Tweety’s number retired at RCS sports banquet

Published 12:00 am Wednesday, May 16, 2007


Sports Editor

RESERVE – Reserve Christian celebrated the Eagle’s annual end-of-the-year sports banquet with a familiar face in attendance, a face that helped put RCS on the map.

Demond &#8220Tweety” Carter was back in the Eagle’s Nest for last Friday night’s banquet to see the latest batch of annual honors bestowed upon Eagle athletes. Carter, a McDonald’s all-American and Baylor starting point guard, was also recognized during the ceremony as his jersey and number were officially retired.

&#8220Nobody will ever wear this number 23 again,” said Reserve Christian basketball coach Tim Byrd to the attending family and friends. &#8220We’re honored to have had him here and honored that he has been a part of our family.”

While with RCS, Carter led the Eagles to four state championships, was a five-time Outstanding Player of the Year in Louisiana, was a five-time all-state selection, was a four-time state tournament MVP and was named a McDonald’s All-American, Parade All-American and Jordan All-American.

This year with Baylor, Carter, a true freshman, helped the Bears to a 15-16 record and a quarter-finals finish in the Big 12 tournament. He scored a career-high 31 points on a career-high seven 3-pointers in one game, the fourth-most single-game total in school history, for Baylor. By mid-season, he was averaging more than ten points per game and led the team in three-pointers made by the year’s end.

Carter also was on hand to see his former coach bestowe accolades to yet another state championship basketball squad, noting that the Eagles surprised a lot of people this year even after losing Carter and seeing some early season adversity. But he, nor his team, ever lost confidence in their ability to compete.

&#8220We lost a couple of guys early in the year,” said Byrd. &#8220But I knew, once these guys went to battle with us, once they got through some adversity, that we had a state championship team. There were two games where we found that out…. Our wins against Ellender and East St. John showed me that this team had what it takes.”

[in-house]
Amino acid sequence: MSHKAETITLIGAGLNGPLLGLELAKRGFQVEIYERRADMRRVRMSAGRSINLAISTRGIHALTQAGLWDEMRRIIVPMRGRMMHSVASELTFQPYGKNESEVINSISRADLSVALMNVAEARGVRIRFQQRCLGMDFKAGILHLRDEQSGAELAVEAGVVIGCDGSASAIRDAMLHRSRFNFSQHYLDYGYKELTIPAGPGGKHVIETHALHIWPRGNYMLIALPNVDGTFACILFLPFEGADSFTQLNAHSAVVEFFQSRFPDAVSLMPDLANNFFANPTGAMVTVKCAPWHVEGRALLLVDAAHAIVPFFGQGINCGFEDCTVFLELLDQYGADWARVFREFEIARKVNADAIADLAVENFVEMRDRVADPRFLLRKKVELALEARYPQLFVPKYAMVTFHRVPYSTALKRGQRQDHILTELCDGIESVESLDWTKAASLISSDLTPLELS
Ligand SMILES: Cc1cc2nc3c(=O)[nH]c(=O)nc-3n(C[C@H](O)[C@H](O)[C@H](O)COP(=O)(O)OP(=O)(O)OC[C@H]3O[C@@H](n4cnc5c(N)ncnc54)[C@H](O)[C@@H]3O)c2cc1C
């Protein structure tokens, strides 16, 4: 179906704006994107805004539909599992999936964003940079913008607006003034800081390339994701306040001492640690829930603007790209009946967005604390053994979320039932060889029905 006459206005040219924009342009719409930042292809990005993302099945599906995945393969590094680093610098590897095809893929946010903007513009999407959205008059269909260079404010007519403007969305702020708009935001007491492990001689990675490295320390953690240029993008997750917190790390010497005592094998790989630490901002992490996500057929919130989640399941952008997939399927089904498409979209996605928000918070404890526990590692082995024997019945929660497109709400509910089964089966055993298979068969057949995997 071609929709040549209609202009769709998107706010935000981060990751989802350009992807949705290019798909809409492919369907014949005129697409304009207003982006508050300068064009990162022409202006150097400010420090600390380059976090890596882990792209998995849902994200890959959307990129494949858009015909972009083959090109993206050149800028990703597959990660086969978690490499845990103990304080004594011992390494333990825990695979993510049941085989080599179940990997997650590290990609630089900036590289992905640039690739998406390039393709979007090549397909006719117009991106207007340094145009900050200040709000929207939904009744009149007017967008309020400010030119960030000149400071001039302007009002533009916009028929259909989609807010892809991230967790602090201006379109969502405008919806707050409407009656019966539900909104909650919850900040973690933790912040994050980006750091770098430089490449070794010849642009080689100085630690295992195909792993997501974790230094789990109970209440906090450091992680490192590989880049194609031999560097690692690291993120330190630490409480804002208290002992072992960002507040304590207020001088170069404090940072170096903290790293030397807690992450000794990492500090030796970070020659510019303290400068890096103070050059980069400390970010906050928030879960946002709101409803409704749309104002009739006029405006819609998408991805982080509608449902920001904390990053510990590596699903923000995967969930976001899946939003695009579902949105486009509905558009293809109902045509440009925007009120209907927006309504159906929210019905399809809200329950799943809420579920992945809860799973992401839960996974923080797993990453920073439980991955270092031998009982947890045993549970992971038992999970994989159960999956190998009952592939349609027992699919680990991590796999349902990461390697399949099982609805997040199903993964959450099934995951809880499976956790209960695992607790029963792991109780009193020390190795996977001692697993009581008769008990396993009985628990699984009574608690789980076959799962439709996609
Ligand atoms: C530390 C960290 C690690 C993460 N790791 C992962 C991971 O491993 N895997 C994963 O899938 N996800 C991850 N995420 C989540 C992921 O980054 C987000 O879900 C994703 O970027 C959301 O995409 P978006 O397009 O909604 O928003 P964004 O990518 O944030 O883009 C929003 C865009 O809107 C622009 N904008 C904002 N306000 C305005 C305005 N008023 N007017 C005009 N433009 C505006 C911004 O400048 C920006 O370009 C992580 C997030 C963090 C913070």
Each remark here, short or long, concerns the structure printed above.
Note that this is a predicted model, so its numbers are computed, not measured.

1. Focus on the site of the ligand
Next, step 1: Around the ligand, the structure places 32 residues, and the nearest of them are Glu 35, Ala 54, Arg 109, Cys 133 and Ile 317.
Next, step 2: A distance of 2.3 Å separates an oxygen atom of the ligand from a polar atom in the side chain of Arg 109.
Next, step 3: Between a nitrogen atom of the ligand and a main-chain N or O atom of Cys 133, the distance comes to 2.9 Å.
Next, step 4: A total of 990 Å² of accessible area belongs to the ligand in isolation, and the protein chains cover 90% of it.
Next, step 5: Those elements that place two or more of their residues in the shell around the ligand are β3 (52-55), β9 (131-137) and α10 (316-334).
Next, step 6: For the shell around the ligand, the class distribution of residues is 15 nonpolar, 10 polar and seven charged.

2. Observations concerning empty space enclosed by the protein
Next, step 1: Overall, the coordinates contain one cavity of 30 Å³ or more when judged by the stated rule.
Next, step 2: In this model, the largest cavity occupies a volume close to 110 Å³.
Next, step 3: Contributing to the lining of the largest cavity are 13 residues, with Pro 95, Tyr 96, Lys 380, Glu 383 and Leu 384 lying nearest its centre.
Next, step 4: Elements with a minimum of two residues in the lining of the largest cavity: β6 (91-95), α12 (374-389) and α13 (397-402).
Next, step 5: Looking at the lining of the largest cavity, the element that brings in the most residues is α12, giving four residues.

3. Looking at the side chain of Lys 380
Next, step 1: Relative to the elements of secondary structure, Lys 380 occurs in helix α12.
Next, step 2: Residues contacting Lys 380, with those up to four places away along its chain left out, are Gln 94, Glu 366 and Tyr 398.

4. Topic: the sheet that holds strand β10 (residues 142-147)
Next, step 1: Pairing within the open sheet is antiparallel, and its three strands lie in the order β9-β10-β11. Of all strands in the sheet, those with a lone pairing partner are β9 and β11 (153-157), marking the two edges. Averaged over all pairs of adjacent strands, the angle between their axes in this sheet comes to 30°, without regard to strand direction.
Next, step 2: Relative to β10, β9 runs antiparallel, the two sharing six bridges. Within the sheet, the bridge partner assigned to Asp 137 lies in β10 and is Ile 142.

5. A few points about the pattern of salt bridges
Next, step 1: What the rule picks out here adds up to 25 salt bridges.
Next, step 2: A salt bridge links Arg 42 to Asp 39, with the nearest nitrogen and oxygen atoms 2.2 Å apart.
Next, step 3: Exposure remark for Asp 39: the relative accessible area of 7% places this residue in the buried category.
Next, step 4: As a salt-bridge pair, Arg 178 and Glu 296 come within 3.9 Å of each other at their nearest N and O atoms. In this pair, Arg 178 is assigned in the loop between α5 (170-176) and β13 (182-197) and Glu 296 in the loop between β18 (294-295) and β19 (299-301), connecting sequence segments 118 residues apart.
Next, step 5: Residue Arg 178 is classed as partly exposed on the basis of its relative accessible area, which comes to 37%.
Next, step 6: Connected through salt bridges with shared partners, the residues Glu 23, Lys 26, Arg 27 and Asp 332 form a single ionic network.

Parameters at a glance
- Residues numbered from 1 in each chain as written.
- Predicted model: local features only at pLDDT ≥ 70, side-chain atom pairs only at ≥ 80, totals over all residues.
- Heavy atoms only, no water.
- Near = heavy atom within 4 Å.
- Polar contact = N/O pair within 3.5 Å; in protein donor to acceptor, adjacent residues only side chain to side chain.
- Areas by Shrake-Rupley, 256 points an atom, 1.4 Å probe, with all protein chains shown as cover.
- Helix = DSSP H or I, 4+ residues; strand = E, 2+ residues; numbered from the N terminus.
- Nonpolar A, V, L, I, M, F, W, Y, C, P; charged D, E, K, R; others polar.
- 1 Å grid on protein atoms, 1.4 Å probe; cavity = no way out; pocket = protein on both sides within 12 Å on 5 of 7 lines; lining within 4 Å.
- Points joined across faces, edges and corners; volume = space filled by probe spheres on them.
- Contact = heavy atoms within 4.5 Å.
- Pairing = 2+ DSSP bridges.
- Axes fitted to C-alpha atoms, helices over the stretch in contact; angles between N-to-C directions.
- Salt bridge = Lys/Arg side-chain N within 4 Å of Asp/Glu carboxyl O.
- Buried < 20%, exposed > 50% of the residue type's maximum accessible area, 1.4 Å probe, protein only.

Byrd was decidedly correct in his prediction as the Eagles took the state championship in mid-March with a 61-59 win over Athens. It took a last-second jumper from Kyle McClue to give the Eagles their third consecutive title, for which McClue got the game MVP. He was also named as the most improved player for RCS at the banquet, no small feat according to Byrd.

&#8220Usually when you give this award,” said Byrd, &#8220it implies that a player wasn’t really all that good to start with. But not in his case. [McClue] was good to start with, but he’s come a long way and became someone that we could rely on.”

Byrd also recognized Eddren McCain as a key component in the Eagle’s success. Named MVP by his coach, McCain enters next season for his senior year after leading RCS to the title and keeping them balanced early on while the Eagle’s were still developing.

&#8220[McCain] has just been incredible for us, a blessing really,” said Byrd. &#8220He’s a guy that came to us and really made a fast impact. The heart of the team. He is our most valuable player.”

Justin Bernard was one of the biggest winners on the evening. For basketball, he earned the coach’s award from Byrd, as well as MVP for the track and cross-country teams. Ashley Wilking took home the most awards though as she was named MVP for the cross-country team, track team and swim team, to go with top defensive honors in volleyball and most talented in cheerleading.